Conductivity and fish freshness - or a new take on fish and chips

Monday, 25 November, 2013

Consumers and retailers could ascertain the freshness of the fish without opening the packaging if an RFID chip that measures freshness is included in the packaging. Consumers could then read the chip with their smartphones before deciding whether or not to buy.

Water temperature, the sex of the fish and the type of food a fish has recently eaten can all influence the speed at which the meat decays and so determining fish freshness is not always straightforward. Even the catch from a single fishing boat can contain fish with very different shelf lives.

To try to make fish selection less risky for consumers, Wageningen University PhD candidate Jenneke Heising is looking at three different ways of measuring the freshness of packaged fish without disturbing the packaging.

Heising decided to look at acidity, conductivity and ammonia as measures of freshness. All three metrics can be measured by including a sensor in the pack.

As the fish decays, various substances are released into the air inside the packaging and they subsequently dissolve in water in the sensor. The ammonia sensor does not appear to be very useful because the substance is only released once the fish is almost ‘off’. Acidity is unreliable because temperature appears to have too much influence on the readings. However, conductivity looks promising, Heising says.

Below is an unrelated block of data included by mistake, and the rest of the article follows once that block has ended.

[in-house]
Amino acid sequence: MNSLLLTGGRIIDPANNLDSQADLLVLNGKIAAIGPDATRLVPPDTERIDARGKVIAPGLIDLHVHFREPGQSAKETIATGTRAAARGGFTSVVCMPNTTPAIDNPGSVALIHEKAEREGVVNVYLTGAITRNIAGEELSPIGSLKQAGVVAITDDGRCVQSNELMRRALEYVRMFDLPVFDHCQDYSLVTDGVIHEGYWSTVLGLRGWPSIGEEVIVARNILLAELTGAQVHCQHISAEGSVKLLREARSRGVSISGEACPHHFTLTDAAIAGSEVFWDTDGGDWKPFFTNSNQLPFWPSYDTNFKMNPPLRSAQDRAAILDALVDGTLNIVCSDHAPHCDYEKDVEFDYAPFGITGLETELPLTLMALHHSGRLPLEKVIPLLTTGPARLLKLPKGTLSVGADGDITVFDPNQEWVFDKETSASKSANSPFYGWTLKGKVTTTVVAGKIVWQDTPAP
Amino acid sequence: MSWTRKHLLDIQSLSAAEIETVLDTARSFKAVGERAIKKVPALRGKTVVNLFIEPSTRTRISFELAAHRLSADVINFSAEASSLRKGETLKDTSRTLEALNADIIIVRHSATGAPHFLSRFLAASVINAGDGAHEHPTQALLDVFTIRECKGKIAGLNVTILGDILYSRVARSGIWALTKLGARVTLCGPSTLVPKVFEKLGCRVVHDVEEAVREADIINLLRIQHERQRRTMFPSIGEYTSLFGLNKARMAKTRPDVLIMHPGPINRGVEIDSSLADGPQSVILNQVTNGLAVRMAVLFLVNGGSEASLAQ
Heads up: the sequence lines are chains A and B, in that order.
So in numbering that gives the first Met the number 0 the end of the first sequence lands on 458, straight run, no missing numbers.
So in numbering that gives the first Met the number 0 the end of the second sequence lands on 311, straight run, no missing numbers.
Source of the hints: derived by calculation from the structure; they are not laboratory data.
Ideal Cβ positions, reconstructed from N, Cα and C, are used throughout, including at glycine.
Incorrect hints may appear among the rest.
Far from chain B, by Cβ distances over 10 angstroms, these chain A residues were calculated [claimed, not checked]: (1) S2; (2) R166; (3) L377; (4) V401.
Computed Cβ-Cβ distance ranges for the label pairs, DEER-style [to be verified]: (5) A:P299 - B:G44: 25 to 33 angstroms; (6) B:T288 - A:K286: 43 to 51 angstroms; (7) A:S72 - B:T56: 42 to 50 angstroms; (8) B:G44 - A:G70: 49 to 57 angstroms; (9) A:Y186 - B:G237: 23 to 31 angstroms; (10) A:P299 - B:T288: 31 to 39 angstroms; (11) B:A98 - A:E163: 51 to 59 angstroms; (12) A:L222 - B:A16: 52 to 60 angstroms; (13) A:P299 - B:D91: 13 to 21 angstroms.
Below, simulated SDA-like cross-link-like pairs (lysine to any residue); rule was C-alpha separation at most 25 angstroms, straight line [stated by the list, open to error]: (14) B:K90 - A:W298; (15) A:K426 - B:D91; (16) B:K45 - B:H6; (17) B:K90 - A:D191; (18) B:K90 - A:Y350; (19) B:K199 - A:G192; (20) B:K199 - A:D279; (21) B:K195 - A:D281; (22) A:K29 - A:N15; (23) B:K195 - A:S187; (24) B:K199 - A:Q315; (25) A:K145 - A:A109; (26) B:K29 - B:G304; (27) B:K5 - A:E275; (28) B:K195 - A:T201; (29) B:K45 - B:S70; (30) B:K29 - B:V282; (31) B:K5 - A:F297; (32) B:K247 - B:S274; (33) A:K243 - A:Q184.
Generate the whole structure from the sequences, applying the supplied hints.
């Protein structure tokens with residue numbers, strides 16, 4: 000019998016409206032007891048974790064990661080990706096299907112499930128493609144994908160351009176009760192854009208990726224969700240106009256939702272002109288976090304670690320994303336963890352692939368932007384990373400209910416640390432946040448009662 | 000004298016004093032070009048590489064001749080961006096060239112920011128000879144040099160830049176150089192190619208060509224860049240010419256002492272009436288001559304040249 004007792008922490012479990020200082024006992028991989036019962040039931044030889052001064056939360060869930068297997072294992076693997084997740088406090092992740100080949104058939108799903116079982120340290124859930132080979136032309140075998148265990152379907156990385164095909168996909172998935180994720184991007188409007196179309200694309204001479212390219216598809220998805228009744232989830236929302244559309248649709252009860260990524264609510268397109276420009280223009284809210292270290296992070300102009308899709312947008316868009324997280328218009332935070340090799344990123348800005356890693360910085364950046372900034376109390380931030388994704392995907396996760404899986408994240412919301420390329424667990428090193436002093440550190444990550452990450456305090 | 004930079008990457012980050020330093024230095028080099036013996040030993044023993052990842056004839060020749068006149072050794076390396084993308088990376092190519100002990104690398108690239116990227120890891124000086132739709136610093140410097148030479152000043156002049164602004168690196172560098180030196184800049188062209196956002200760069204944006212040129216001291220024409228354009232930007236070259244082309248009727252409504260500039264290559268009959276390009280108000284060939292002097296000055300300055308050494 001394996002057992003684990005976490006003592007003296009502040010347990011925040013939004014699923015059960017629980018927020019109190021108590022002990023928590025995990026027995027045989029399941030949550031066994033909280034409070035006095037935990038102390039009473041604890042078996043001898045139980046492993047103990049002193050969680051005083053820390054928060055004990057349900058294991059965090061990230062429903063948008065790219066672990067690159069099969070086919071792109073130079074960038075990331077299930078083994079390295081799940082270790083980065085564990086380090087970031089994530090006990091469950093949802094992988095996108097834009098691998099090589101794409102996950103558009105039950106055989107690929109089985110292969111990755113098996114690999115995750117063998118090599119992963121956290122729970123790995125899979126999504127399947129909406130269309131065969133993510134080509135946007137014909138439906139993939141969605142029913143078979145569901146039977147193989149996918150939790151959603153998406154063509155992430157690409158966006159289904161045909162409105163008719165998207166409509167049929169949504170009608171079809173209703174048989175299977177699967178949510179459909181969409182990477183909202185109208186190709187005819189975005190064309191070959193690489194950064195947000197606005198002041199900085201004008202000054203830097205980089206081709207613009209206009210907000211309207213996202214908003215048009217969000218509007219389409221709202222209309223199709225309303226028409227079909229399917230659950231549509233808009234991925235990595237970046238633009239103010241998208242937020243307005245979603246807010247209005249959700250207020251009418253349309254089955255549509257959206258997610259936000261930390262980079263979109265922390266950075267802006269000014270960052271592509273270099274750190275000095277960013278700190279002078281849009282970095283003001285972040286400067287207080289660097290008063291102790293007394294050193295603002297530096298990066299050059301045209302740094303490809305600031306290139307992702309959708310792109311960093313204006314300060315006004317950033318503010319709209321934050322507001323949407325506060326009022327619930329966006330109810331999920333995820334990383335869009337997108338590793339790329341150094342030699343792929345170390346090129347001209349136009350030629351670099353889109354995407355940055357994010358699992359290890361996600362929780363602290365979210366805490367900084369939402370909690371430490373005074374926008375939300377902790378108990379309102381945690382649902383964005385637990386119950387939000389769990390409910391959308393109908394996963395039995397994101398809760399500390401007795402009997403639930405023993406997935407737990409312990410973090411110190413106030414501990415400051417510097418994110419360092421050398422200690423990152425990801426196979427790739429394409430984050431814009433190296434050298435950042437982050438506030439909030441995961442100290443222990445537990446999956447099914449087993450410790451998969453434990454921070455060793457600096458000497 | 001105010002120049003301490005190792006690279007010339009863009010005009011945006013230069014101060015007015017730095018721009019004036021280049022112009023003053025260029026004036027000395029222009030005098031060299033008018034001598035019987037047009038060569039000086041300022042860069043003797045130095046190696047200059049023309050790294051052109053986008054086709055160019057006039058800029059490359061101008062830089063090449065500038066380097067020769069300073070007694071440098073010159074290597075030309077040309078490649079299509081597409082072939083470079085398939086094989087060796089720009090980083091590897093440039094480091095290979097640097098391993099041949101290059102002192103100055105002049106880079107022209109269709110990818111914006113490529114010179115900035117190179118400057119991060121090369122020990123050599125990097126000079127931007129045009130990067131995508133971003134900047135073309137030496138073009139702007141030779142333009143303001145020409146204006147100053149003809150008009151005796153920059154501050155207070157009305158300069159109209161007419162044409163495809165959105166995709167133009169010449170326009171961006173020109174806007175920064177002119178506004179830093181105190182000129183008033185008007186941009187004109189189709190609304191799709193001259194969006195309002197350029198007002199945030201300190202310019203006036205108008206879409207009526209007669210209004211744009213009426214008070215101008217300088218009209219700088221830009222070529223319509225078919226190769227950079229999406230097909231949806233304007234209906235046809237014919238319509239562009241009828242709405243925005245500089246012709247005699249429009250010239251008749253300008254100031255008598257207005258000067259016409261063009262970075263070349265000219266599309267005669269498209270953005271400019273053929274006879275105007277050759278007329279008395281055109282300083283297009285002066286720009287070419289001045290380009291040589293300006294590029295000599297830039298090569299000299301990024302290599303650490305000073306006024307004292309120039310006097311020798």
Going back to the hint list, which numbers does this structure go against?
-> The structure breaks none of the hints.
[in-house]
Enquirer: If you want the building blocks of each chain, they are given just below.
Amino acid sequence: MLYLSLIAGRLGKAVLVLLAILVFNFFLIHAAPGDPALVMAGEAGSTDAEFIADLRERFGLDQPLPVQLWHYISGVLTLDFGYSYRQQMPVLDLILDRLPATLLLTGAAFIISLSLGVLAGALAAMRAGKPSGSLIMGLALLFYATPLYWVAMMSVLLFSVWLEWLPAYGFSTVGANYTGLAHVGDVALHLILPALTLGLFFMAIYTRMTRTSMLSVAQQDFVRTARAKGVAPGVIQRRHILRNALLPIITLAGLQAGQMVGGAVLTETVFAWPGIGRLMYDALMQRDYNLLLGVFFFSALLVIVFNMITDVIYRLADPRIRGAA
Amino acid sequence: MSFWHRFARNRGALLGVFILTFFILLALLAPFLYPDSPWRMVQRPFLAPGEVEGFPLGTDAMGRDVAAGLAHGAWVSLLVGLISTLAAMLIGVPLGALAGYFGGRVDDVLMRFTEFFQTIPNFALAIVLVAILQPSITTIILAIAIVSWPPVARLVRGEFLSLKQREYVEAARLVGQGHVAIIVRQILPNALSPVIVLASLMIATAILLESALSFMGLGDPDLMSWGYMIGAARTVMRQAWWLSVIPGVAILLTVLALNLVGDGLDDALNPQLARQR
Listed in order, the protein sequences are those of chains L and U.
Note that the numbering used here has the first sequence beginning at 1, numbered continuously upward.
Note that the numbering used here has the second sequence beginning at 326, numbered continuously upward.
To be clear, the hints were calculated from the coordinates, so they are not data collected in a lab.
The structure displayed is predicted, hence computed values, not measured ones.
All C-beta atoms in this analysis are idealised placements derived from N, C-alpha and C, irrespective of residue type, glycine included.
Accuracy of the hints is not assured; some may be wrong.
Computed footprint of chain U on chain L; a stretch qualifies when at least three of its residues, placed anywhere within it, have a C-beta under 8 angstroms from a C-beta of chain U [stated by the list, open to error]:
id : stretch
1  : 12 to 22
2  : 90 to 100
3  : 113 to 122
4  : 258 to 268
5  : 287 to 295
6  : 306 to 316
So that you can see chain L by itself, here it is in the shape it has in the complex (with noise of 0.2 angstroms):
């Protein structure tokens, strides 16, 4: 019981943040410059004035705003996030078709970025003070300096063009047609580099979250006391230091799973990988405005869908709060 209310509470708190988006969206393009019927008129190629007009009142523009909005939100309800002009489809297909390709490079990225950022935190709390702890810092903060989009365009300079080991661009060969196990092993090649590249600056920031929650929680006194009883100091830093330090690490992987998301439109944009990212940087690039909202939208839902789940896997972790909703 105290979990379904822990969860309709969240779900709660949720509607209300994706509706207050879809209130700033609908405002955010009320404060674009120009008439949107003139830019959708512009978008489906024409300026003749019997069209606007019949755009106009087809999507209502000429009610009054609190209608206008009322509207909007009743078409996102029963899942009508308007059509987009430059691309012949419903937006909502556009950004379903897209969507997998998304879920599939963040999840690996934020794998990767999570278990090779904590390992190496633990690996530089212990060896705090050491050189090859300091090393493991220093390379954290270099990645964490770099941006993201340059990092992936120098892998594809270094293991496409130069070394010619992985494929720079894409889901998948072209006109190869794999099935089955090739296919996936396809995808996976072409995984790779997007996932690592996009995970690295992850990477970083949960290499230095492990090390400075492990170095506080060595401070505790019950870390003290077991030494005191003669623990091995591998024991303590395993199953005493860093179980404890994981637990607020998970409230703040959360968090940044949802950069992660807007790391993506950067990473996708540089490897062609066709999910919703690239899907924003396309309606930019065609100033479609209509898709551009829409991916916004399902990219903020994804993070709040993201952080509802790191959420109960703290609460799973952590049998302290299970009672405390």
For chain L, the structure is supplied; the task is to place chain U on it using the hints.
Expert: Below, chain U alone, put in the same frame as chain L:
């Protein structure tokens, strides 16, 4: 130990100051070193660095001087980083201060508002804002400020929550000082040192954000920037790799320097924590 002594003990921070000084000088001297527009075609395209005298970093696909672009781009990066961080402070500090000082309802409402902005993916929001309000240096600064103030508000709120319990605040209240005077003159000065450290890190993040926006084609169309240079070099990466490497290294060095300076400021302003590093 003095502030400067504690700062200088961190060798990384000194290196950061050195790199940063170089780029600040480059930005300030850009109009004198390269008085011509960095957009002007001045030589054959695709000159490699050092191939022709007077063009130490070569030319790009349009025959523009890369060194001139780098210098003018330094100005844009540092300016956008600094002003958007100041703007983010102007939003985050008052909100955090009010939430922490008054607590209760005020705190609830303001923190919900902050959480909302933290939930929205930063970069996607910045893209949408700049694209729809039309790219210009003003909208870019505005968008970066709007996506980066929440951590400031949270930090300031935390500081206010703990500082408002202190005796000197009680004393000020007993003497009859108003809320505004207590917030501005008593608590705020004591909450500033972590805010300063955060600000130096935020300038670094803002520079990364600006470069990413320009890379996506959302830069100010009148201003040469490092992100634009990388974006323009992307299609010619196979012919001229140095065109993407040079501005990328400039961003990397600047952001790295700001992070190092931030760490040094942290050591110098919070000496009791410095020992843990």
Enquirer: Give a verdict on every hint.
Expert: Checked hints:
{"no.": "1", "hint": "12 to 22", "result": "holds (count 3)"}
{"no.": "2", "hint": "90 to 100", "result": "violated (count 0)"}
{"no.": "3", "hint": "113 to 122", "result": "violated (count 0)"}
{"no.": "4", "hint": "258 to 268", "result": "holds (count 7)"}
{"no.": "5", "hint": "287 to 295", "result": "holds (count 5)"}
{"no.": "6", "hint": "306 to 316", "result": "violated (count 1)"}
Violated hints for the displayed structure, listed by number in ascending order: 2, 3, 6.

Various substances released from the fish cause water to conduct electricity more easily. At differing temperatures, Heising investigated whether the sensor readings represented how fresh the fish was. “We can see an effect very rapidly and that is just what we need. It seems we’ve found a good method. To confirm that, we’d also like to know in more detail which substances cause that effect. That’s what we’re investigating at the moment.”

Jenneke Heising’s research into three ways of measuring the freshness of packaged fish has been published in the Journal of Food Engineering.


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